How are we to understand the digital geographies of platforms and the spaces that they give us access to? Do platforms themselves even have geographies? Recently geographers such as Mark Graham have begun a mapping of the dark net, but how should we understand the geographies of other digital spaces, from instant messaging platforms to social media or video streaming websites? What is visible and what is obscured? And what can we learn about traditional topics in social science, such as power and inequality, when we begin to look at digital geographies?

In this paper session for 5 papers we are looking for papers exploring:

  • Theories of place and space in the digital realm, including those that explore the relationship between the digital and physical realms
  • Research on the role of digital realm in (re)producing physical places, spaces and communities, or creating new places, spaces and communities, both in the digital realm and outside of it.
  • Papers considering relationship between physical and digital realms and accounts of co-production within them.
  • The role of digital technologies in providing a sense of space and place, spatial security and secure spaces and places to those lacking in these things.
  • Research exploring the geographies of digital platforms, websites, games or applications, particularly qualitative accounts that examine the physical and digital geographies of platforms, websites, games or applications.
  • Research examining issues of power, inequality, visibility and distance inside of the digital realm.

Elemental machines – the becoming environmental of tech

Via dmf.

With: Andreas Broeckmann, Esther Leslie, Sascha Pohflepp
Moderated by Yvonne Volkart

“The concept of machines generally describes an assemblage of parts assigned to an overall function, designed by a human. Yet, the entwined histories of science, technology, and art are filled with ideas about nature functioning like machines, and of visions where machines become “natural” and organic. These two paths seem to merge as machines increasingly communicate autonomously and operate in fields beyond human perception and influence. Can we devise new perspectives for understanding the elemental machines that now seem to operate contingently within hybrid techno-ecologies like the forces of nature? What are the new aesthetic and political affordances or subjectivities involved in the process of technology becoming environmental?”

Amateur urbanism as political praxis, Andy Merrifield & Bernard Stiegler

Following a link posted by my colleague Clive Barnett I discovered the excellent collection of essays Andy Merrifield has collected in his website, which have all(?) been previously published elsewhere. I’ve been working through this treasure trove and was particularly struck by one of these essays.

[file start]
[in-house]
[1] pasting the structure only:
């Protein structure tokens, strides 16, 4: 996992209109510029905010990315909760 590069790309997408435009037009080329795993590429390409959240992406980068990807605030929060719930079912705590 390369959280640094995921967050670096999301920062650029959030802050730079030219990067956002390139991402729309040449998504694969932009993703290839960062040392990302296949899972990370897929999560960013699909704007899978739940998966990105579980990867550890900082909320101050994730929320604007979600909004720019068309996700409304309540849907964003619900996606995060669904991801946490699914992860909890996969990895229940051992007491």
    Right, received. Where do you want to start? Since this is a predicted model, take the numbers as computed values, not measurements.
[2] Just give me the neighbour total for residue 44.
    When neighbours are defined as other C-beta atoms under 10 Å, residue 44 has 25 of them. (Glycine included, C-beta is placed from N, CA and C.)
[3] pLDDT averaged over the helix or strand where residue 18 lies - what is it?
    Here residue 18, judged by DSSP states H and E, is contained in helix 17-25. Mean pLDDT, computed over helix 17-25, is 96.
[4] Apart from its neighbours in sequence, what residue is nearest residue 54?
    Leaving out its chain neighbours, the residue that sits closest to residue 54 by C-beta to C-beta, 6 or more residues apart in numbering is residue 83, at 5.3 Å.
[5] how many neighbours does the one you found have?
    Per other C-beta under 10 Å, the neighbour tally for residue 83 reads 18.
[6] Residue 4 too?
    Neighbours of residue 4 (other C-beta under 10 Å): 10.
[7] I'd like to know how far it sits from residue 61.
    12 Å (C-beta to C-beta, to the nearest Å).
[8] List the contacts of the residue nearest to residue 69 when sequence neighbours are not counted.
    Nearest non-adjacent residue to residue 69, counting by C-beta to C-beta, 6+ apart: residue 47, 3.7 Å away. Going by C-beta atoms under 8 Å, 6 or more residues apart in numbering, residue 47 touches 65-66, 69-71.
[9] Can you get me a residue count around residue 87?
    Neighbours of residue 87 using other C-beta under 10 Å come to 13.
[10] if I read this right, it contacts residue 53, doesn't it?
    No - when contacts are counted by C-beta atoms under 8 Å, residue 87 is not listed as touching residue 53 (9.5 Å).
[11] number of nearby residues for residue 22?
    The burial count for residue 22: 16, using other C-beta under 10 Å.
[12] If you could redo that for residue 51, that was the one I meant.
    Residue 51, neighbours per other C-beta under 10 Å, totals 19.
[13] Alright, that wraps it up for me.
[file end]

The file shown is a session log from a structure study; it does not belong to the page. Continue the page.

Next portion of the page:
Earlier in 2015, Merrifield published an ‘intervention’ on the Antipode website entitled “Future Shock“, in which he contemplates the absence of contemporary thinking of radical futures following a collapse of future thinking into a technocratic status quo.

Merrifield relates this to Edward Said’s 1993 BBC Reith Lectures on representations of the intellectual, and the amateur and the professional. Merrifield suggests:

[P]rofessionalism, said Said, can constitute a form of compliant behavior, of making yourself marketable and presentable to the powers that be. None of which denies the need for competence, for being conscientious about what you do, and for having the right skills to do it.

He argues that it is a form of professionalism that has facilitated a particular kind of ethos for corporate urban development, a development that

enables all sorts of ideas [to be] imposed on peoples’ lives from above, all kinds of paradigms that go from professional boardrooms to somebody’s drafty living room, if they’re lucky enough to have a living room.

He lays out an intellectual/ policy lineage from ‘authoritative’ urbanism to authoritarian ‘austerity’. Merrifield begins with Roger Starr, writer of Urban Choices: The City and Its Critics, who criticised the likes of Mumford, Jacobs and Gans as meddling amateurs, who became New York City’s Housing Commissioner and in 1976 masterminded a national program following directly from his earlier representations of urban reality: “Planned Shrinkage”.

Sketching forward to today, Merrifield asks us to consider the historical lineage between Planned Shrinkage and frenzied pursuit for “austerity.” he argues that Planned Shrinkage and austerity have two common characteristics.